“Spin-zeel, made from zelium. The metal of the Old Kingdom engineers and smyths. There were some powerful swords made in the Old Kingdom—they had spells worked into the metal. Usually the spell was inscribed on the blade or the fuller. The Rhakes’ mounts that you saw sound like the demonken from Faery. The slain warriors were Ramaldan.”
“I thought you said there was no evidence anyone had ever been here. Did you know this story?” Reed asked, puzzled.
“It’s an old story. Perhaps no one knows it.” This sounded wrong. Thyme shook his head; it was a sad gesture.
“Then how do you know they were Ramaldan?”
“The griffin is the crest of Ramald. The red-eyed horse a Stheel. In the Old Kingdom, only the Ramald had such.”
“The riders were driven off by flying creatures made of light.”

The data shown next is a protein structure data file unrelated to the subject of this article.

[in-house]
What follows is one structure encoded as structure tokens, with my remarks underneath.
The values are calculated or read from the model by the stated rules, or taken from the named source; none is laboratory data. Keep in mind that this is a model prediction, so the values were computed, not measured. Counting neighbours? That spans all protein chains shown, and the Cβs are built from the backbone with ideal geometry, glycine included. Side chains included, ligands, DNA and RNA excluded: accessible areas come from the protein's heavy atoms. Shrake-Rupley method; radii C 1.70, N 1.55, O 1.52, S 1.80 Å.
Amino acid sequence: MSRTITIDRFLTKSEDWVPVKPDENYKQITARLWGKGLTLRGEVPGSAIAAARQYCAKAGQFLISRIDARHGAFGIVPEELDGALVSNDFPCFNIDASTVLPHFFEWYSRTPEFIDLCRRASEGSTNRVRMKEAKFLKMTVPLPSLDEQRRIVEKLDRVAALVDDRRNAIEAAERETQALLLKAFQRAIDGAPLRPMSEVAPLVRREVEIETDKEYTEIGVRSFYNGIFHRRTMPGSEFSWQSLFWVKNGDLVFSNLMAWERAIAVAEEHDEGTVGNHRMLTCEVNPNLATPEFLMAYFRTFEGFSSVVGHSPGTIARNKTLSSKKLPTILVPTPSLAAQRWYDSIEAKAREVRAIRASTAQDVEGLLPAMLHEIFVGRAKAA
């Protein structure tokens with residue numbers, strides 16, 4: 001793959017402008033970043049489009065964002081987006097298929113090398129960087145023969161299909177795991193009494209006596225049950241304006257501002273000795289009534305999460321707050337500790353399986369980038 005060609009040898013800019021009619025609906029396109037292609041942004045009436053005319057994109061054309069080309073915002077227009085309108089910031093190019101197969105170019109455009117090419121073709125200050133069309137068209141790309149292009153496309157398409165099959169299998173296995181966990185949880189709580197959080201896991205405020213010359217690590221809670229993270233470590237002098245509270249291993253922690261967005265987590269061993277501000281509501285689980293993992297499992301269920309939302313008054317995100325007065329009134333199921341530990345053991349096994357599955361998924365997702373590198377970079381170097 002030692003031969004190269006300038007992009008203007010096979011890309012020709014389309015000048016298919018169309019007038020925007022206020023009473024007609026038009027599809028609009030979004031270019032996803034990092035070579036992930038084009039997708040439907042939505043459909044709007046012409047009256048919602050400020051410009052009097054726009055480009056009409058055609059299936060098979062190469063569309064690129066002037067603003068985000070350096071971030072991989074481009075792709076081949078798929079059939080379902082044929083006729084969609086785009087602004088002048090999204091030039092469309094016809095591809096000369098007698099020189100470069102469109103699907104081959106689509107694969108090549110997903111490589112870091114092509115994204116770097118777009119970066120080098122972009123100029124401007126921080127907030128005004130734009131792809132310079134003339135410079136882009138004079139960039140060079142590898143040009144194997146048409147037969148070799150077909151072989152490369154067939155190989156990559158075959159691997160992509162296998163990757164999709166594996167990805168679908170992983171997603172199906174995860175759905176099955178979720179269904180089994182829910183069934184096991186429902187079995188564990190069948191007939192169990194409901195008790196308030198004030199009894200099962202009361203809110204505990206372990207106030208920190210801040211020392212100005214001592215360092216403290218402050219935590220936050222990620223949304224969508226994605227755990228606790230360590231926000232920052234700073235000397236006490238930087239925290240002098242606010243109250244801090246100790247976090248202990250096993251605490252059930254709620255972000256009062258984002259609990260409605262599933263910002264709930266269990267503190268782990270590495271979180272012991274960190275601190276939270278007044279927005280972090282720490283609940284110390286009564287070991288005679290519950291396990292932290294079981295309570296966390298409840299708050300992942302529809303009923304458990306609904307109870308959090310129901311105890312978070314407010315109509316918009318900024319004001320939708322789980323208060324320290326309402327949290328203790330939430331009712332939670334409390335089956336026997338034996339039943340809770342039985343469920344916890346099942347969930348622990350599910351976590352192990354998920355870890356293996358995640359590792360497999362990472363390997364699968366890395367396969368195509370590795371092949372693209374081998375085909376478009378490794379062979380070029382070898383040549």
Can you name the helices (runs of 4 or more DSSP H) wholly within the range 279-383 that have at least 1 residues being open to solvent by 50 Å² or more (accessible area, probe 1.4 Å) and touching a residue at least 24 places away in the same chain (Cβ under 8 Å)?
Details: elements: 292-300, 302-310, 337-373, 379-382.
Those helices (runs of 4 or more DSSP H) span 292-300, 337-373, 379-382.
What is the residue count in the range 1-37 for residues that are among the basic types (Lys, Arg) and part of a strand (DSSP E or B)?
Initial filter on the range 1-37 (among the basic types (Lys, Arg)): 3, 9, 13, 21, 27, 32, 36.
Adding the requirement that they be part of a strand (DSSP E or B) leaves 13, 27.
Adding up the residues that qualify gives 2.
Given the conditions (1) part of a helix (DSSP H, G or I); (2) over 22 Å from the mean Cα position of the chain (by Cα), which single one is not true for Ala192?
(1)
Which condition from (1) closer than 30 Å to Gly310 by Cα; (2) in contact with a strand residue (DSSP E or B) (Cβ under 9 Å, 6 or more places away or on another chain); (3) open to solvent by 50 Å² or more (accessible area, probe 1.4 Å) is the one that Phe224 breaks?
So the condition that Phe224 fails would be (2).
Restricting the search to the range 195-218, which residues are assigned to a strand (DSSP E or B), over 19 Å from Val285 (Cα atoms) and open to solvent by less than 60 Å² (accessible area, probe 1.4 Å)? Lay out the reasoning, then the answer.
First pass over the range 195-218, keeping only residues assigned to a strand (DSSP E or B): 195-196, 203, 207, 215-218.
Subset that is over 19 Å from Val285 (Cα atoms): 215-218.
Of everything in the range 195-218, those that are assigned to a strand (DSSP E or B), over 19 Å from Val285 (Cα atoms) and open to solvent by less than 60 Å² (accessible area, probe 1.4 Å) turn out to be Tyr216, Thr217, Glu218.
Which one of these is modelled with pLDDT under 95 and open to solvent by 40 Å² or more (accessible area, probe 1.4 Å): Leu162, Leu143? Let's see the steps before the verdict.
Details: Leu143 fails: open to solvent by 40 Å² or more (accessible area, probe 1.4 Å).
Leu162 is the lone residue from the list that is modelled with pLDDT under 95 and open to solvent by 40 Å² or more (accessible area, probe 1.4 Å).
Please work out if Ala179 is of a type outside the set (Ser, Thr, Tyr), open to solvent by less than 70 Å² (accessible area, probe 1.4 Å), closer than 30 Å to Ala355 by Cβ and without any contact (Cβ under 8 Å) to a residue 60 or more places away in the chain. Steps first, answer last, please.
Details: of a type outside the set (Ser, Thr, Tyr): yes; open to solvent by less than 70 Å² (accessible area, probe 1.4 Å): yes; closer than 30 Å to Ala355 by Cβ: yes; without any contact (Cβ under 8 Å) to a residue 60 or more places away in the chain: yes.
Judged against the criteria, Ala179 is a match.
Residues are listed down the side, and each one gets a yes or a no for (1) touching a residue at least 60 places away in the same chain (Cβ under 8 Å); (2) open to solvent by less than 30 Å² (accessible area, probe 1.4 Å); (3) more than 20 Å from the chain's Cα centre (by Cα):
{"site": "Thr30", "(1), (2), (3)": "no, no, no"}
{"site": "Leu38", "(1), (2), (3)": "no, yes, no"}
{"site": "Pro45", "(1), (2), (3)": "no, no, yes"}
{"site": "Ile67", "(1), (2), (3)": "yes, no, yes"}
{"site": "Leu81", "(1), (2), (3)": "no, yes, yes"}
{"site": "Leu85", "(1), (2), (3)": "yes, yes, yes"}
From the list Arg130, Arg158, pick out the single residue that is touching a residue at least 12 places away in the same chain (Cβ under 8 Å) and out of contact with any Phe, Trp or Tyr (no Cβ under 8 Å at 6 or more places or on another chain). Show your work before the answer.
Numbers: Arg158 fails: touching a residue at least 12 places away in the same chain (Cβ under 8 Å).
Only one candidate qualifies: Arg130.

“Hmmmm. Perhaps the old myth of native creatures here in Stone Soldiers has some basis in fact. Or perhaps you were daydreaming.” Reed started to object and Thyme silenced him with a strong grip on his shoulder. “But probably not. The past reached out and touched you. Perhaps you’ll be able to put words to the song you heard here. Put that gem in a safe place. It called out to you and to no other for as long as it’s lain there—hundreds of years at least.”
“Haven’t you stopped in this spot before?” Reed asked.
“I always stop in this spot. Always.”
“It draws me. Something momentous happened here.” Thyme’s voice was sudden regret and inner clash.
Reed folded the gem into a small piece of chamois that he used to polish his harp and tucked it into a hidden pocket in his vest. The gem sighed—the harp strings echoed the sigh as though wind had played them and the wild disharmony he sensed in the jewel stilled perceptibly. After they mounted to leave, Reed turned back to mark the spot in his mind. Pale lights, like great moths, flitted between the silent stones.